cite the Agency for mistakes or violations of existing law and regulation it might have
             inadvertently made. However, the OIG should not invent standards it wished had
             been in place 10 years ago and then cite the PHA for failing to live up to this invented
             standard.

             The OIG should have conducted a review of the PHA’s administration of the PBV
             program for the time frame during which the PHA was actually required to maintain
             records. We are confident that an OIG audit of the program covering the time frame
             for which documents are required to be kept would have yielded little more than
             routine file discrepancies endemic to operating a program with as much complexity as
             the Section 8 PBV program. (In fact, this OIG audit did include some PBV projects
             for which the contracts were executed within the last three years, and the PHA did
             produce all of the original inspection reports for all of those units.)

Comment 6    Finding 1: The PHA disagrees with the OIG’s finding that “The [PHA] needs to
             improve its administration of its [PBV] program,” because we relied on HUD
             guidance on subsidy layering reviews and records retention. However, IF the PHA
             enters into any new PBV agreements, we will comply with the OIG’s interpretation of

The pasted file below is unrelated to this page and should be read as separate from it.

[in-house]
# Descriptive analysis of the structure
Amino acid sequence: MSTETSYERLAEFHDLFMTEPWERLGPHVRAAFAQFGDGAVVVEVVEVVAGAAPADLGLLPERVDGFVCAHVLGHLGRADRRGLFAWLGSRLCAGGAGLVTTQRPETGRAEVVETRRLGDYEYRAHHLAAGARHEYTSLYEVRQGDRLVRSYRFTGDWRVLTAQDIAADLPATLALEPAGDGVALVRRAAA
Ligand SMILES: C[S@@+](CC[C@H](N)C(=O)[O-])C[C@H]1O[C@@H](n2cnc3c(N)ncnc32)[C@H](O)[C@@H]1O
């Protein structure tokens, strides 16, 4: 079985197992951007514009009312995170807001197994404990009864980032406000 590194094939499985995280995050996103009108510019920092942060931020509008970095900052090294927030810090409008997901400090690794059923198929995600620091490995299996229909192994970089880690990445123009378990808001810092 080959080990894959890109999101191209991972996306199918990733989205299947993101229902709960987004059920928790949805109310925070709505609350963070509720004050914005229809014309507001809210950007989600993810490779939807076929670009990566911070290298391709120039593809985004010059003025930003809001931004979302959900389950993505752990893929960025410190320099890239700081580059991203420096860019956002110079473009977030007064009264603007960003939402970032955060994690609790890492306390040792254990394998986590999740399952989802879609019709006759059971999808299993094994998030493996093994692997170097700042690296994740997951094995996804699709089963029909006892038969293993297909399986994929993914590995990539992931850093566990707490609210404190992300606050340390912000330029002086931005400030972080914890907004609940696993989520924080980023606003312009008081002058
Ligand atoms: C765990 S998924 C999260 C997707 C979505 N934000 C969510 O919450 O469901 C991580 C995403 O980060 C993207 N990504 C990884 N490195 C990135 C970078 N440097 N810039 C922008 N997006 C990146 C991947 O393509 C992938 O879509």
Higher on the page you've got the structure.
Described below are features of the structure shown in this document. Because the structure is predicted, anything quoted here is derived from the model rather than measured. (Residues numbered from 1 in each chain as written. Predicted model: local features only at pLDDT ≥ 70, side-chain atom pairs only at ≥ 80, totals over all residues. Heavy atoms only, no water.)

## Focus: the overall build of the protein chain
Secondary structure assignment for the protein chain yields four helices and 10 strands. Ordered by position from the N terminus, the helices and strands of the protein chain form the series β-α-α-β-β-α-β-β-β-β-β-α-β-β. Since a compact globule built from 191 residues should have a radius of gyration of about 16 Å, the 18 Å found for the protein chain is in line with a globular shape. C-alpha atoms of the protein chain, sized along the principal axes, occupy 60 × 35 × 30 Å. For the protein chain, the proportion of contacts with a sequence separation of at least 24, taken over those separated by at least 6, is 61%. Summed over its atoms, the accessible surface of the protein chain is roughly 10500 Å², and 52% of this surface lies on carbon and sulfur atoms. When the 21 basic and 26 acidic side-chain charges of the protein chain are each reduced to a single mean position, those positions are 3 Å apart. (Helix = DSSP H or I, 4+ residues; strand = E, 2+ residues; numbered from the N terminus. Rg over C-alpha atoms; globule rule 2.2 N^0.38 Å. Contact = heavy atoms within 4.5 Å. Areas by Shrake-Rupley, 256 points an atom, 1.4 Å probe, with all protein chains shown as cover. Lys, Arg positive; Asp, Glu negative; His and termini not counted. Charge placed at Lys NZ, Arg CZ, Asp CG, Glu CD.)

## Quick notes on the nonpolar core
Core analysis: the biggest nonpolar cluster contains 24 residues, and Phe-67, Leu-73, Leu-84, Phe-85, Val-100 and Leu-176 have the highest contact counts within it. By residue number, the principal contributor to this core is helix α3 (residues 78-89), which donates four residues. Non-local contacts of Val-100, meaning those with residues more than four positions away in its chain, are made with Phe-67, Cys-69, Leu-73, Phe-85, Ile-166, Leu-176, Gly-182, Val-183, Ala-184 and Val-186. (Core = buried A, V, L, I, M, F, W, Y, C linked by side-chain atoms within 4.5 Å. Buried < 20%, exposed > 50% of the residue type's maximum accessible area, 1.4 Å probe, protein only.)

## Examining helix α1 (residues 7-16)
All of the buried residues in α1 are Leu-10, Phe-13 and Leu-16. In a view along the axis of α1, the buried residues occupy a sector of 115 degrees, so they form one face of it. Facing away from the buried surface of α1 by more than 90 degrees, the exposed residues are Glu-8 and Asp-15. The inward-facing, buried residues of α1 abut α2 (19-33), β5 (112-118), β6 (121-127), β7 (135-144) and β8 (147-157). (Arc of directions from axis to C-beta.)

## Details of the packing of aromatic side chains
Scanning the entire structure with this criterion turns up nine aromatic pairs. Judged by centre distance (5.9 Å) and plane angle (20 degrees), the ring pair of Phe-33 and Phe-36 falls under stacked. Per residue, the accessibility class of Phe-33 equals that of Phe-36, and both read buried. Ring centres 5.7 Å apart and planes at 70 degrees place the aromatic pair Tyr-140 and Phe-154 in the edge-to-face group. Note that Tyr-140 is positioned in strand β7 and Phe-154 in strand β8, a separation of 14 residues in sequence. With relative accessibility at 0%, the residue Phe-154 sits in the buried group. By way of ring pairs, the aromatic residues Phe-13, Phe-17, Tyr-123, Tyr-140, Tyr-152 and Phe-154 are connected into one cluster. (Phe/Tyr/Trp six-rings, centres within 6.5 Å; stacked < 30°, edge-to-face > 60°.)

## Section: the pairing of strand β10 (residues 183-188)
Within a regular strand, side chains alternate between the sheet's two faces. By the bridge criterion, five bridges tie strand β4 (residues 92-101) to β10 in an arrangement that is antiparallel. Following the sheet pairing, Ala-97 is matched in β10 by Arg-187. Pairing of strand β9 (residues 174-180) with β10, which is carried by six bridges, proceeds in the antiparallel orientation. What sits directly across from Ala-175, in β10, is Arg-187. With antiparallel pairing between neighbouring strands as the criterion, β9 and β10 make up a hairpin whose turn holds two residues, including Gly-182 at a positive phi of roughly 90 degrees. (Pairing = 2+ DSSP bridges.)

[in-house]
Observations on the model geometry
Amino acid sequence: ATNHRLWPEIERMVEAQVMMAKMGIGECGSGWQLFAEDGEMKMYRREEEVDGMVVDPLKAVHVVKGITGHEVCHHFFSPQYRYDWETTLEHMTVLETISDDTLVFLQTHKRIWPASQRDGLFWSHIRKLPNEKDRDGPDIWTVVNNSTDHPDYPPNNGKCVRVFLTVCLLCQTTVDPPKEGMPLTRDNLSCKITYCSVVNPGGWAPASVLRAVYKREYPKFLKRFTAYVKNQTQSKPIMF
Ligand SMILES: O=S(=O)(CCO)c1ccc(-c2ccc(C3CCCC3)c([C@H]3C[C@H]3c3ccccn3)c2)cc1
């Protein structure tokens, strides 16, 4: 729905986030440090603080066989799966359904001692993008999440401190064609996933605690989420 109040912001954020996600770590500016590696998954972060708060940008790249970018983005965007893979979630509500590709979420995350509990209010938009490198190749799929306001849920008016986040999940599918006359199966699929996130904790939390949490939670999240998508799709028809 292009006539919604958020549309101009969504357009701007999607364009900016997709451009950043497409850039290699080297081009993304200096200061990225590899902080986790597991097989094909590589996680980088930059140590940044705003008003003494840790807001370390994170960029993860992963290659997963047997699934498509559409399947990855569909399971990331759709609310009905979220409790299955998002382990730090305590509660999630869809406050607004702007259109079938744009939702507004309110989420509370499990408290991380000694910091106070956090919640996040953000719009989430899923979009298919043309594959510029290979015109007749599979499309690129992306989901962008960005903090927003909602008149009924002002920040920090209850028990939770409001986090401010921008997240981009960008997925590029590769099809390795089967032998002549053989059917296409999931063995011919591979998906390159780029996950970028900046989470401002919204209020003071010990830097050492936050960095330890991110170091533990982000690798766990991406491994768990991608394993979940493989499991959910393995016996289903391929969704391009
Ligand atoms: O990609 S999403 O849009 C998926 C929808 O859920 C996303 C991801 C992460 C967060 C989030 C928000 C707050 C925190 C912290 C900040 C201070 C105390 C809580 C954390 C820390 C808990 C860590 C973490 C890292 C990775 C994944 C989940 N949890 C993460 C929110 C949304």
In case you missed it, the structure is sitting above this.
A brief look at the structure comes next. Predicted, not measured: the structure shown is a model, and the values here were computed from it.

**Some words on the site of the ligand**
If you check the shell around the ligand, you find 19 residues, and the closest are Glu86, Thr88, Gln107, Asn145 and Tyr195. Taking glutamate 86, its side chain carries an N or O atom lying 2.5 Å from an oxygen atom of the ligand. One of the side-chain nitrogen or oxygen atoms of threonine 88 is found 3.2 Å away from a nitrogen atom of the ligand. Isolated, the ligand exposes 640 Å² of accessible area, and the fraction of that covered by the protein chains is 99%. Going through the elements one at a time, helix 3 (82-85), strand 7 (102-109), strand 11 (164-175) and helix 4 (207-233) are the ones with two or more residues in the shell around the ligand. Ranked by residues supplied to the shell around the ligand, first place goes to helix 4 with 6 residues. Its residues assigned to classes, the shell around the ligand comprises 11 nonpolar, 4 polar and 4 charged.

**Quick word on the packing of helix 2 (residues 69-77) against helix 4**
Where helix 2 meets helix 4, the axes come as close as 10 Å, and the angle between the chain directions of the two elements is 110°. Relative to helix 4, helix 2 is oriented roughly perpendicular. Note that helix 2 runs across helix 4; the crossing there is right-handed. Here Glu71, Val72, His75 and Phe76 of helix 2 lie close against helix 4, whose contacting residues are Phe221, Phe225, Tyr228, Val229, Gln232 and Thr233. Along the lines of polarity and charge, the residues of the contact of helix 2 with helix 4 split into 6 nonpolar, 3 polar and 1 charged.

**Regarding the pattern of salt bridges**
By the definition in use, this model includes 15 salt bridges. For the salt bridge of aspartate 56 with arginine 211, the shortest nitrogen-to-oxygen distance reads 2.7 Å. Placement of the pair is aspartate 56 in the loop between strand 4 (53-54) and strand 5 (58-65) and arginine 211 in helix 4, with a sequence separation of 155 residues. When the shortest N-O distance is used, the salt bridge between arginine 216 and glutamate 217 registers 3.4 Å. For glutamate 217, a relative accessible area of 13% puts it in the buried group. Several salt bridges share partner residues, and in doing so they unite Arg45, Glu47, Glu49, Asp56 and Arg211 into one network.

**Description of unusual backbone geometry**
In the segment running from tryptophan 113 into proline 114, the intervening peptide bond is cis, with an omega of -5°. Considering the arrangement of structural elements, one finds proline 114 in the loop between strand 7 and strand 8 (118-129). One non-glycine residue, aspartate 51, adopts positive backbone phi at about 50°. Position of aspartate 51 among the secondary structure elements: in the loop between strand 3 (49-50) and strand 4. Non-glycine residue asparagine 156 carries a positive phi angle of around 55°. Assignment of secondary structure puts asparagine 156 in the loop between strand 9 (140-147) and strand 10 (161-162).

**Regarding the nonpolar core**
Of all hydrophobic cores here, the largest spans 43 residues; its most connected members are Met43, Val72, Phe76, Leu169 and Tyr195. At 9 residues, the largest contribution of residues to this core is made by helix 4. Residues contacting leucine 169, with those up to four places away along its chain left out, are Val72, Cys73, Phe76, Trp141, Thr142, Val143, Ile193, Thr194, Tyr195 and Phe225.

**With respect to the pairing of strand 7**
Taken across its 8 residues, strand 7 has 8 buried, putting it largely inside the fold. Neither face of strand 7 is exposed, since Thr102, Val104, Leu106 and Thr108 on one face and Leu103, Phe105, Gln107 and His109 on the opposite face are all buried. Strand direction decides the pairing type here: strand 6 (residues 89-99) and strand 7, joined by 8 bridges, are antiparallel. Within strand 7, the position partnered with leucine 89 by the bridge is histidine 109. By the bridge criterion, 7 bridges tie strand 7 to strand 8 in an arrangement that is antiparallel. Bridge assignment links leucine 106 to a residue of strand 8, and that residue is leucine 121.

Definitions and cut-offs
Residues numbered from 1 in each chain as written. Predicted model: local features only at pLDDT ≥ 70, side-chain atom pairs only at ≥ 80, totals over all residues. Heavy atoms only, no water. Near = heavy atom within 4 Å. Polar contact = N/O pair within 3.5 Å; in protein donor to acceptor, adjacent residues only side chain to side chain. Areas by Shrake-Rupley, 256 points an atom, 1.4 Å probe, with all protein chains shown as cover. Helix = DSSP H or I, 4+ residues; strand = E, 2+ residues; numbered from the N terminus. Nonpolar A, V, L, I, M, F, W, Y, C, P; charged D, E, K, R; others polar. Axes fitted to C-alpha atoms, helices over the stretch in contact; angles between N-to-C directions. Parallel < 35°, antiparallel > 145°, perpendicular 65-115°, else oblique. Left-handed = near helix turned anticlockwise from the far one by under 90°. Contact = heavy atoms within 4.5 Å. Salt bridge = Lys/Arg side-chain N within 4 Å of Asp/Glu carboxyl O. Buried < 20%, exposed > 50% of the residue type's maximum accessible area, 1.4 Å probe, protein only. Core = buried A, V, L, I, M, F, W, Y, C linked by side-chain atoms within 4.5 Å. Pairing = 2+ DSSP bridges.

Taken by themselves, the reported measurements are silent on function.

the requirements by conducting subsidy layering reviews on all new projects and by
             filing reports of the initial HQS inspections in a “project file” that will be available for
             audit purposes at any time during the life of the PBV HAP contract.
             Our PHA staff worked in close cooperation with the Minneapolis HUD Field Office
             staff as the PBV program developed, and we appropriately relied on the advice they
             provided directly, and the guidance they received from HUD Washington and relayed
             to us. In fact, had we done otherwise and ignored or violated HUD guidance we
             would have been properly criticized for that action.

             The specific findings under this heading and the PHA’s responses, as discussed in
             detail below, are as follows:

                 1. Subsidy layering reviews. The PHA appropriately relied on guidance from
                    HUD Washington via HUD Minneapolis Field Office.

                 2. Original unit inspection reports. The PHA inspected all units before
                    executing PBV contracts, and before approving a subsidy for any individual
                    unit. The PHA disagrees with the OIG’s finding that the PHA should have
                    retained original inspection documents longer than the three year period
                    required by HUD regulations. We also disagree with the OIG’s